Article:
And, of course, the set would not be complete without the immortal Lord Buckley, giving his hipster interpretation of the New Testament’s Lazarus story in “The Nazz”:

“So the Nazz and his buddies was goofin’ off down the boulevard one day and they run into a little cat with a bent frame. So the Nazz look at this little cat with the bent frame and he say, ‘What’s a matter wit’choo, baby?’ And the little cat with the bent frame he say, ‘Well, my frame is bent, Nazz, it’s been bent from in front.’ So the Nazz look at the little cat with the bent frame and he put the golden eyes of love on this here little kitty and he looked right down into the windows of his soul and he said to the little cat, he said: ‘Straighten!’ The cat got up straighter’n an arrow and everybody jumpin’ up and down  and say, ‘Look what the Nazz put on that boy!’ You dug him before, dig him now!”

I read in this month’s Uncut that a film about Buckley’s life is coming out this autumn. It’s called Too Hip for the Room. Now that’s hip.

* The illustration above is a detail from Len Deighton’s jacket design for the first UK edition of On the Road, published by André Deutsch in 1958.

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8 Comments Post a comment
  1. mick gold #

    A tremendously interesting blog post. The way in which Kerouac echoed bop solos in his writing rhythms is well pinpointed. Far out!

    August 22, 2016
  2. Richard Harris #

    I always thought the “tenor man” of “On the Road” was Jack Mcvea? Or Jack Macvoooootie as Slim Gaillard called him. The Open the Door Richard guy. Not sure Kerouac wears that well at this point but on a good day the enthusiasm is still infectious. BTW, I’ve got a box set of “Beatnik Jazz” which leads off with Coltrane’s Giant Steps. Some mistake.

    August 22, 2016
  3. Richard — It probably was McVea (who is represented in the box set: “McVouty’s got a reed!”). I wasn’t meaning to suggest that it was literally Willis Jackson. Do you know LeRoi Jones’s short story, “The Screamers”, which has Lynn Hope, another bar-walking tenor, as a central figure?

    August 22, 2016
    • Richard Harris #

      No, I don’t but will check it out. Thanks for the suggestion. I used to be a big fan of the “honkers” some of whom were apparently far better than their stage persona suggested. A very nice piece by the way as always.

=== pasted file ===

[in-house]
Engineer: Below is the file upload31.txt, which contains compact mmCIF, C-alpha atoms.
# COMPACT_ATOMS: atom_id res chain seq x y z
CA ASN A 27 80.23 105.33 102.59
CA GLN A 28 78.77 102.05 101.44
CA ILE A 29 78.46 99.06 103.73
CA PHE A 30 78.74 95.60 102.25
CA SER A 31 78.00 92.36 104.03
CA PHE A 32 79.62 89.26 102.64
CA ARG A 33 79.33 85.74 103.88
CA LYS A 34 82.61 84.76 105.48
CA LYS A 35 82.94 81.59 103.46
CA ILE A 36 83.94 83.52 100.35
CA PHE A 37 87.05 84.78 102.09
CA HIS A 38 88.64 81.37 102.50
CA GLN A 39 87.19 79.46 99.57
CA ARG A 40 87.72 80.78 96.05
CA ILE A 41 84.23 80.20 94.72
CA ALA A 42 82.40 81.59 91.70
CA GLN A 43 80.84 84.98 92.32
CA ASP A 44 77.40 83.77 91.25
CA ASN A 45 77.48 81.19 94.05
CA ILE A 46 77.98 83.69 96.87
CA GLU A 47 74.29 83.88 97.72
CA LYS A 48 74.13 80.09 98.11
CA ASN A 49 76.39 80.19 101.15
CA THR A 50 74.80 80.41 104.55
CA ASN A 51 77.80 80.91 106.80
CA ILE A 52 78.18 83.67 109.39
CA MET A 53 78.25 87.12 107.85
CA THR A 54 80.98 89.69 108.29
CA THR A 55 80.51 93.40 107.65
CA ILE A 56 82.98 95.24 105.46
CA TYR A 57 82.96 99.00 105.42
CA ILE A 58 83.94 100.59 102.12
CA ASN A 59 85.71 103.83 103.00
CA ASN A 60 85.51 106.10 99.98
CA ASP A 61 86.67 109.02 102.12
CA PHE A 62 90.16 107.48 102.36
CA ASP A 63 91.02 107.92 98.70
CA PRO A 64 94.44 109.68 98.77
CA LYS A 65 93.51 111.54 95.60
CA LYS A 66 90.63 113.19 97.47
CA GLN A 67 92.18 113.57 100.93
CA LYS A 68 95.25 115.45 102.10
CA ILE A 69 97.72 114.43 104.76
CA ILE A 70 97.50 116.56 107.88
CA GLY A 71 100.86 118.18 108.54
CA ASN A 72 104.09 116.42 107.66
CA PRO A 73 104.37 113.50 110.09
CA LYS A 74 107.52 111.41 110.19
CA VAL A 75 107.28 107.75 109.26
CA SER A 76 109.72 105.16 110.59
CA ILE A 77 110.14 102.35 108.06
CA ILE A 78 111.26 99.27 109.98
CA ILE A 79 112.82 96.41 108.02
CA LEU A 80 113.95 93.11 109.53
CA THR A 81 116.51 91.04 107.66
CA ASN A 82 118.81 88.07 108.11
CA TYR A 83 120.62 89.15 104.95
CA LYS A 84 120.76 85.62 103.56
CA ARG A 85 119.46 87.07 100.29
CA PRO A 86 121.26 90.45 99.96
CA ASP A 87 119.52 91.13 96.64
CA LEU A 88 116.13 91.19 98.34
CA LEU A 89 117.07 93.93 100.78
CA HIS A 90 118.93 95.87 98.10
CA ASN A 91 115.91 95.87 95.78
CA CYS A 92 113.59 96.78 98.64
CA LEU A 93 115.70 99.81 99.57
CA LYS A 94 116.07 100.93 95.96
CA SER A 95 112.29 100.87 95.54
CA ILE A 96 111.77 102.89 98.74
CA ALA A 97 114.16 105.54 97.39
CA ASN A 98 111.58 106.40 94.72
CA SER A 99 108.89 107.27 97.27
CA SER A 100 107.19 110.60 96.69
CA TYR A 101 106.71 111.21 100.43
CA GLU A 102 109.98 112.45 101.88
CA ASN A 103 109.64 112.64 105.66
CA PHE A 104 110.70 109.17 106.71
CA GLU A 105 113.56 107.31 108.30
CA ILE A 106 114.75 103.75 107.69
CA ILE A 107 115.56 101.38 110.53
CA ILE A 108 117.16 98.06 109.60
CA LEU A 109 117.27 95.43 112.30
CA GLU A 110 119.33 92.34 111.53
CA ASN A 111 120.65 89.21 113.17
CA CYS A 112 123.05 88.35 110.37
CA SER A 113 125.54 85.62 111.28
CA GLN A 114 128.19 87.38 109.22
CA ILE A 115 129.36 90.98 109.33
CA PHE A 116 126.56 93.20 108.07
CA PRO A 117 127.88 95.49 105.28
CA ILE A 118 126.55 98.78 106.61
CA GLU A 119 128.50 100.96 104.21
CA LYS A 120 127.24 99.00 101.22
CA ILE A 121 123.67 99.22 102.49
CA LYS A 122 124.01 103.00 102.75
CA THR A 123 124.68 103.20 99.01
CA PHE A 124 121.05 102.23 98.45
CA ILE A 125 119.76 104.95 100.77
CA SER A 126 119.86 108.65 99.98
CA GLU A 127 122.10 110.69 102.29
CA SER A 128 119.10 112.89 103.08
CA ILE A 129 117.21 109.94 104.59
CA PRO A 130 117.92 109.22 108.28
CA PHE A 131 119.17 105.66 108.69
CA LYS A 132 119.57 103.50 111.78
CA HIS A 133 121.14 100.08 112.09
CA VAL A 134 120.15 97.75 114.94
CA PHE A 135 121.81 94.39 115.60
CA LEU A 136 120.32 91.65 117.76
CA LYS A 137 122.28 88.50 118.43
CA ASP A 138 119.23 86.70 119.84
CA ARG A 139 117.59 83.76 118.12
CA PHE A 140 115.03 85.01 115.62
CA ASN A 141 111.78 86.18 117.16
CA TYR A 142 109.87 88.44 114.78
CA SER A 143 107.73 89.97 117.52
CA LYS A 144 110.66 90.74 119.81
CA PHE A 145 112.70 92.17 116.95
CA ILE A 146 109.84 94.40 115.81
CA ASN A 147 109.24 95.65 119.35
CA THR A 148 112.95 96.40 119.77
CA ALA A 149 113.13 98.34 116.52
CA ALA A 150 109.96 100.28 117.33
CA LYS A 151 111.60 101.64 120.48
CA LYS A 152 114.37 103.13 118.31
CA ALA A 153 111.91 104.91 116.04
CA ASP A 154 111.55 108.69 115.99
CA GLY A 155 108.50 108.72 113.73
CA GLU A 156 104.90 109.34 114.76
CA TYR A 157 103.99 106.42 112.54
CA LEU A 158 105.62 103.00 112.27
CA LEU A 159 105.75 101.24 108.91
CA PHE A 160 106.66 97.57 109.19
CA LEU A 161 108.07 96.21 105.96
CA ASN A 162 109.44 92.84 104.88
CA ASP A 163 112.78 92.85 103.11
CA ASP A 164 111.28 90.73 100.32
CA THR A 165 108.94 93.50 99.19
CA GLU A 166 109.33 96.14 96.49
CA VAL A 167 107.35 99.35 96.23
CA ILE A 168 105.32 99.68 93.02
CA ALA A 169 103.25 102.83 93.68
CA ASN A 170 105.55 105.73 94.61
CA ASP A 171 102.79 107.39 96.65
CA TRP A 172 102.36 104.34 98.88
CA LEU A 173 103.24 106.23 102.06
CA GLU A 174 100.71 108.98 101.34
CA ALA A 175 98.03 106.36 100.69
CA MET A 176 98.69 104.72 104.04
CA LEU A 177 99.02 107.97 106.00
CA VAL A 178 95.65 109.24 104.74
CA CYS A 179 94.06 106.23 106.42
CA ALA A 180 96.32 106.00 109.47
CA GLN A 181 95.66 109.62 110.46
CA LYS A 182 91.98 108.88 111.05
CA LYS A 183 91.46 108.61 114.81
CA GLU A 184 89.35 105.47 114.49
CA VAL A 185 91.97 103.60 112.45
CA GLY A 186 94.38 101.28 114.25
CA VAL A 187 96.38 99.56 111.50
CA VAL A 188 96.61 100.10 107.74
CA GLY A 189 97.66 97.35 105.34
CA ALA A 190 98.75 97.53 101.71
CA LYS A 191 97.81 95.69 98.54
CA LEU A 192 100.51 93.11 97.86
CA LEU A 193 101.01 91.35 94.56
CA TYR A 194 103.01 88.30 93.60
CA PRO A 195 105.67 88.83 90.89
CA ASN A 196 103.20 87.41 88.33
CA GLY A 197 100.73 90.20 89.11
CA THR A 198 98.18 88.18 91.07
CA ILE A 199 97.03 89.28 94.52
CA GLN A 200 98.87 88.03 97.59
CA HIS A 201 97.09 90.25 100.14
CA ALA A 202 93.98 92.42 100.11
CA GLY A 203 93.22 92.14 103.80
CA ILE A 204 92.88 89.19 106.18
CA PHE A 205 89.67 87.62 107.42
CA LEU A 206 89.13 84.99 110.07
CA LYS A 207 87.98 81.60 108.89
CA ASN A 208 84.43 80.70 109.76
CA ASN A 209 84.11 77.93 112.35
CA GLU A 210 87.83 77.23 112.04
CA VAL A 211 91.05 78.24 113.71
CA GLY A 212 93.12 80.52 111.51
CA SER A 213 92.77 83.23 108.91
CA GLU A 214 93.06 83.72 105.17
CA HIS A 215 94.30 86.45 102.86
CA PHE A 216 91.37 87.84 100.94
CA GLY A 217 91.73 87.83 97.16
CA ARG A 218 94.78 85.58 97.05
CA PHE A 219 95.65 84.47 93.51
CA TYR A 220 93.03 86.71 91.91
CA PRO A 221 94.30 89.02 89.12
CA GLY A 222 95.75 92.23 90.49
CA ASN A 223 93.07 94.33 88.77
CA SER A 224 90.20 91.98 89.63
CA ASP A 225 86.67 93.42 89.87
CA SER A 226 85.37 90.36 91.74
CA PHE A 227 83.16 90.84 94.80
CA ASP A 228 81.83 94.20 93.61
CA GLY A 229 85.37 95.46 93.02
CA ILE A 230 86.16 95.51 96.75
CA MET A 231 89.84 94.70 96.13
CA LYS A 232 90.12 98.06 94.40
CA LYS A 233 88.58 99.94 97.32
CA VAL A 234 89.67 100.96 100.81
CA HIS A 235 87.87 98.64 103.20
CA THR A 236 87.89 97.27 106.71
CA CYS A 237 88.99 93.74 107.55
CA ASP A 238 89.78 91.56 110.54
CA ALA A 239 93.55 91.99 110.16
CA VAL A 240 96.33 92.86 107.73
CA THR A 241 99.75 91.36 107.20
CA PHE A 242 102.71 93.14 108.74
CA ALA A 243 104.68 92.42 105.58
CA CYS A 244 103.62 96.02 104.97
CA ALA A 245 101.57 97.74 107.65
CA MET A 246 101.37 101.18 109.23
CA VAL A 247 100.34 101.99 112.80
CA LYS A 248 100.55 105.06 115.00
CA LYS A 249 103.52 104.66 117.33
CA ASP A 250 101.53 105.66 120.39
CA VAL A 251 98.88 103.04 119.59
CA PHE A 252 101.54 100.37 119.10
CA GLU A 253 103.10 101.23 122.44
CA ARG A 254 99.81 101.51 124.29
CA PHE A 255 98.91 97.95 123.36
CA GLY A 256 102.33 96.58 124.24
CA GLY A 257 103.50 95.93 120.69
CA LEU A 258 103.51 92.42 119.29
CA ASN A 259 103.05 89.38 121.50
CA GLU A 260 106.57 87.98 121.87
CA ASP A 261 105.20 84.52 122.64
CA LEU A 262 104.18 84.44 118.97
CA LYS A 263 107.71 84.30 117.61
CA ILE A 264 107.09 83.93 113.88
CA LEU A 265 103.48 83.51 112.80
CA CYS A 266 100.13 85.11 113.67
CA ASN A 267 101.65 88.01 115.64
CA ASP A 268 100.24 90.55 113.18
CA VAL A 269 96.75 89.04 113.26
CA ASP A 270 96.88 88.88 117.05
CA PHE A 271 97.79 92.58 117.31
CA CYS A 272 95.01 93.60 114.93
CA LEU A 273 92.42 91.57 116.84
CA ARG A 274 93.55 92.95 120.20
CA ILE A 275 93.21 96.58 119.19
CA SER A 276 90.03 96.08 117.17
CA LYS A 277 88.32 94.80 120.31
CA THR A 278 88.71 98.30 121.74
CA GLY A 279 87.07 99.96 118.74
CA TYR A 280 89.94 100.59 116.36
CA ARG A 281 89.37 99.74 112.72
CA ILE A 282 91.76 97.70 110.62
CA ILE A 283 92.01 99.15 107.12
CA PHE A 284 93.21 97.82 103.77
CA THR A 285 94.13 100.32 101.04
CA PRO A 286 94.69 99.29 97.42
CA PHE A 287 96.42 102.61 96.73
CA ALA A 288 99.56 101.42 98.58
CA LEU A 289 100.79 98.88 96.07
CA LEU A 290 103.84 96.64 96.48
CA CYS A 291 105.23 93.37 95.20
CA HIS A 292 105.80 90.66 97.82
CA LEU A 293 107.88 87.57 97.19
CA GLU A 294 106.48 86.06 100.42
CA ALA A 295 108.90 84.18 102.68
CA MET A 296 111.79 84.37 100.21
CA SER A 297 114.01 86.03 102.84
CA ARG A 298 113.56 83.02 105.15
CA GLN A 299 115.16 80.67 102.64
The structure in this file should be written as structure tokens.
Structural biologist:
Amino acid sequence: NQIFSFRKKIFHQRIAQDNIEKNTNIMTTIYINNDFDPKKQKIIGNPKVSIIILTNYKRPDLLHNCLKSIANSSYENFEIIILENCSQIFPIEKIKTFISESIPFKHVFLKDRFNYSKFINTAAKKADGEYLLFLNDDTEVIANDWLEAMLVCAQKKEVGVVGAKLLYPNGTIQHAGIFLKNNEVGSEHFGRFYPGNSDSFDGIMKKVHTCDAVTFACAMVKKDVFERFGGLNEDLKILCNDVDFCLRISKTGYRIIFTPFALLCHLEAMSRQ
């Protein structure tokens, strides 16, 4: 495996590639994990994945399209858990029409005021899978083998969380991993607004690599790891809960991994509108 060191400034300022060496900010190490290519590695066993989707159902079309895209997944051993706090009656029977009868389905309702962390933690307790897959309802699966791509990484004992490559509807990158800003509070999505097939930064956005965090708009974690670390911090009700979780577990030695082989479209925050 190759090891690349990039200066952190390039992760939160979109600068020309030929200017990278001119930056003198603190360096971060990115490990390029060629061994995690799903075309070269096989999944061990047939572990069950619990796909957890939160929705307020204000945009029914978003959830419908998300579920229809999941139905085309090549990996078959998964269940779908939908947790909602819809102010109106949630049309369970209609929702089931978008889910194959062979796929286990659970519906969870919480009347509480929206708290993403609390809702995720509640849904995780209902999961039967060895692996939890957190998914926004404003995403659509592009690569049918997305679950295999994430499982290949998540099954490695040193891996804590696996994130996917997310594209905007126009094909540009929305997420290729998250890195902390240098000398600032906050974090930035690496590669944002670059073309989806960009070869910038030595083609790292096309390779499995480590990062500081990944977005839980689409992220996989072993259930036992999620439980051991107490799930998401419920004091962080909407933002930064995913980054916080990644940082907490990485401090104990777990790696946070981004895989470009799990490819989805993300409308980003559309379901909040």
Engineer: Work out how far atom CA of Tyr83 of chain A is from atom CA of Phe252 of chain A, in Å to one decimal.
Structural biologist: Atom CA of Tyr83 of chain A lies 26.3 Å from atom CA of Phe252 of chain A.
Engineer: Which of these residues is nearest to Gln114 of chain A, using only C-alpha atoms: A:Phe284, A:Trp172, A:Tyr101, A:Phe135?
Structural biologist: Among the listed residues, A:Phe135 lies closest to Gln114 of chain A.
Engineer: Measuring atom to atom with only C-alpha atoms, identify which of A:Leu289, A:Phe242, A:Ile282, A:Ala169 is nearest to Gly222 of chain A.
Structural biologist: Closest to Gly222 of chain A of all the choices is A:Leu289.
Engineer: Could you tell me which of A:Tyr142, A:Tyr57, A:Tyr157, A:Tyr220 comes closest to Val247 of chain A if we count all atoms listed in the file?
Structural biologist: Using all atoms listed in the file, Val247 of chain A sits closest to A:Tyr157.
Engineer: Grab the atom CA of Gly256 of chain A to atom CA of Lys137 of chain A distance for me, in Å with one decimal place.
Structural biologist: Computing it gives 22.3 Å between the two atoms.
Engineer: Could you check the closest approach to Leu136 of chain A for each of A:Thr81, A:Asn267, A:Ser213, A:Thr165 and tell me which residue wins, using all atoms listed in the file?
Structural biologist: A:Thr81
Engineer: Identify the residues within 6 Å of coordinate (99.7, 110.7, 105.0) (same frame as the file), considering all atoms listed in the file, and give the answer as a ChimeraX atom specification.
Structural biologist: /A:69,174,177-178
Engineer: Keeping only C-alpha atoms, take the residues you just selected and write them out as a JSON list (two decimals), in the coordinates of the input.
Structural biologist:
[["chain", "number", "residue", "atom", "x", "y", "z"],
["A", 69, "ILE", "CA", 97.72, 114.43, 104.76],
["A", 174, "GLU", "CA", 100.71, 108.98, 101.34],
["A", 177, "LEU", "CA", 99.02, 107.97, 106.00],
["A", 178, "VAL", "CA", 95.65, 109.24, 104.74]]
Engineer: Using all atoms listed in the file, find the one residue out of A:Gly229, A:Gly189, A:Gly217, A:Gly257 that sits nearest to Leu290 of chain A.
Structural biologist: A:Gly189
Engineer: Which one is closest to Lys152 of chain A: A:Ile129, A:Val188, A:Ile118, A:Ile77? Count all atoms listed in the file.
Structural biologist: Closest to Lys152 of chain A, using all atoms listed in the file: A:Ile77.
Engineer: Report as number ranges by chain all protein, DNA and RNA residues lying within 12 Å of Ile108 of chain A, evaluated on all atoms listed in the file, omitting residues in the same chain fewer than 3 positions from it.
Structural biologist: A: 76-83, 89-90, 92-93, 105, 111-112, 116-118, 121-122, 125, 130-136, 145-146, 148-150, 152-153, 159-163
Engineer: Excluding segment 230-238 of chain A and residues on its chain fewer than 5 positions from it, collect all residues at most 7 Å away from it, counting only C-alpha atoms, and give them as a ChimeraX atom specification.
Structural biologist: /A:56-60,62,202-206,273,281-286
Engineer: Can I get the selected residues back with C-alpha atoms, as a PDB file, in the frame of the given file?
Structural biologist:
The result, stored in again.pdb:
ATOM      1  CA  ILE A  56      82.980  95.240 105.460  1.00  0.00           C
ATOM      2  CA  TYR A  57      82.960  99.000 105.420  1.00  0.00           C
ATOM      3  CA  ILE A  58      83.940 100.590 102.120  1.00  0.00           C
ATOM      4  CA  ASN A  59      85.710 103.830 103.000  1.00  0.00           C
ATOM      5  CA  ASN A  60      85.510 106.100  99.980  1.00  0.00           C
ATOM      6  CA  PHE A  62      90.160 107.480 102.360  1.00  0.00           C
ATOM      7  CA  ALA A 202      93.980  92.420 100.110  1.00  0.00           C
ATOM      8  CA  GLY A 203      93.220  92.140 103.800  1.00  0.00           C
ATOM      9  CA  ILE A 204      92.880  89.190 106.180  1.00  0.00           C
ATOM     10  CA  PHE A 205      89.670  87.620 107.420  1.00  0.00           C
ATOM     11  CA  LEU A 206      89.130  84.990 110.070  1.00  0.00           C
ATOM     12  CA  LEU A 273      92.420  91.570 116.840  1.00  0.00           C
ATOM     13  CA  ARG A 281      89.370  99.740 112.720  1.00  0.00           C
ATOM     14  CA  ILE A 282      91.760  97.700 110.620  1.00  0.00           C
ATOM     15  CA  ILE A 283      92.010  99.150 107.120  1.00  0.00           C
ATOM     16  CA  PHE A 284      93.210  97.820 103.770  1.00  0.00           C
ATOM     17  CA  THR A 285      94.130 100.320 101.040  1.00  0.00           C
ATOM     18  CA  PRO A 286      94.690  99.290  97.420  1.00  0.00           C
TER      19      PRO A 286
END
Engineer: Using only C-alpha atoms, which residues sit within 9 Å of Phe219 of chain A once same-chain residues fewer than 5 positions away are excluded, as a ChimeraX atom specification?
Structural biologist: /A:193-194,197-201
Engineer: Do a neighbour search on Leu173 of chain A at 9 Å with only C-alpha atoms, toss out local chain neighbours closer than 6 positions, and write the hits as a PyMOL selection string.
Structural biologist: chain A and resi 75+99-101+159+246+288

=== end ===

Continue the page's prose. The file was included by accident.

August 22, 2016
      • Mick Steels #

        For some pretty fine bar-walking tenor playing Albert Ayler’s later Impulse albums are worth a listen

        August 22, 2016
  4. Art Manchester #

    It’s funny, I just saw a video of Willis Jackson on “The Ed Sullivan Show” honkin’ up a storm. Nice article.

    August 22, 2016
  5. dave heasman #

    …and that’s when I saw the bear…. The good Lord, from “God’s Own Drunk”

    August 22, 2016
  6. Colin Harper #

    I recall seeing a shoestring-budget Davy Graham documentary on Channel 4 in the late 90s (I believe it’s on YouTube) and seeing a talking head in it with the on screen caption “Joe Bloggs’ [or whatever his name was], Hep Cat”. I wondered ‘Is this man in a band I’ve never heard of called the Hep Cats, or is just someone just goes hangs around Soho calling himself a hep cat?’ Curious. I mean, why would you? You’d have to be a berk.

    The other side of that coin is ‘Hipsters’. I’ve met plenty of people who are clearly ‘hipsters’ – the huge beards, short back and sides, slicked-back quiff is generally the first give-away – but absolutely nobody who calls *themselves* a hipster.

    This has to be unique in the history of youth culture. All those decades of groups of similarly presented people walking up streets shouting ‘We are the Mods!’ or ‘Punk’s not dead!’ etc and now we have these guys with their lumberjack shirts, boutique cornflakes and huge beards mumbling, ‘Sorry, mate, hipsters? No, no, not us…’

    Weird.

    August 22, 2016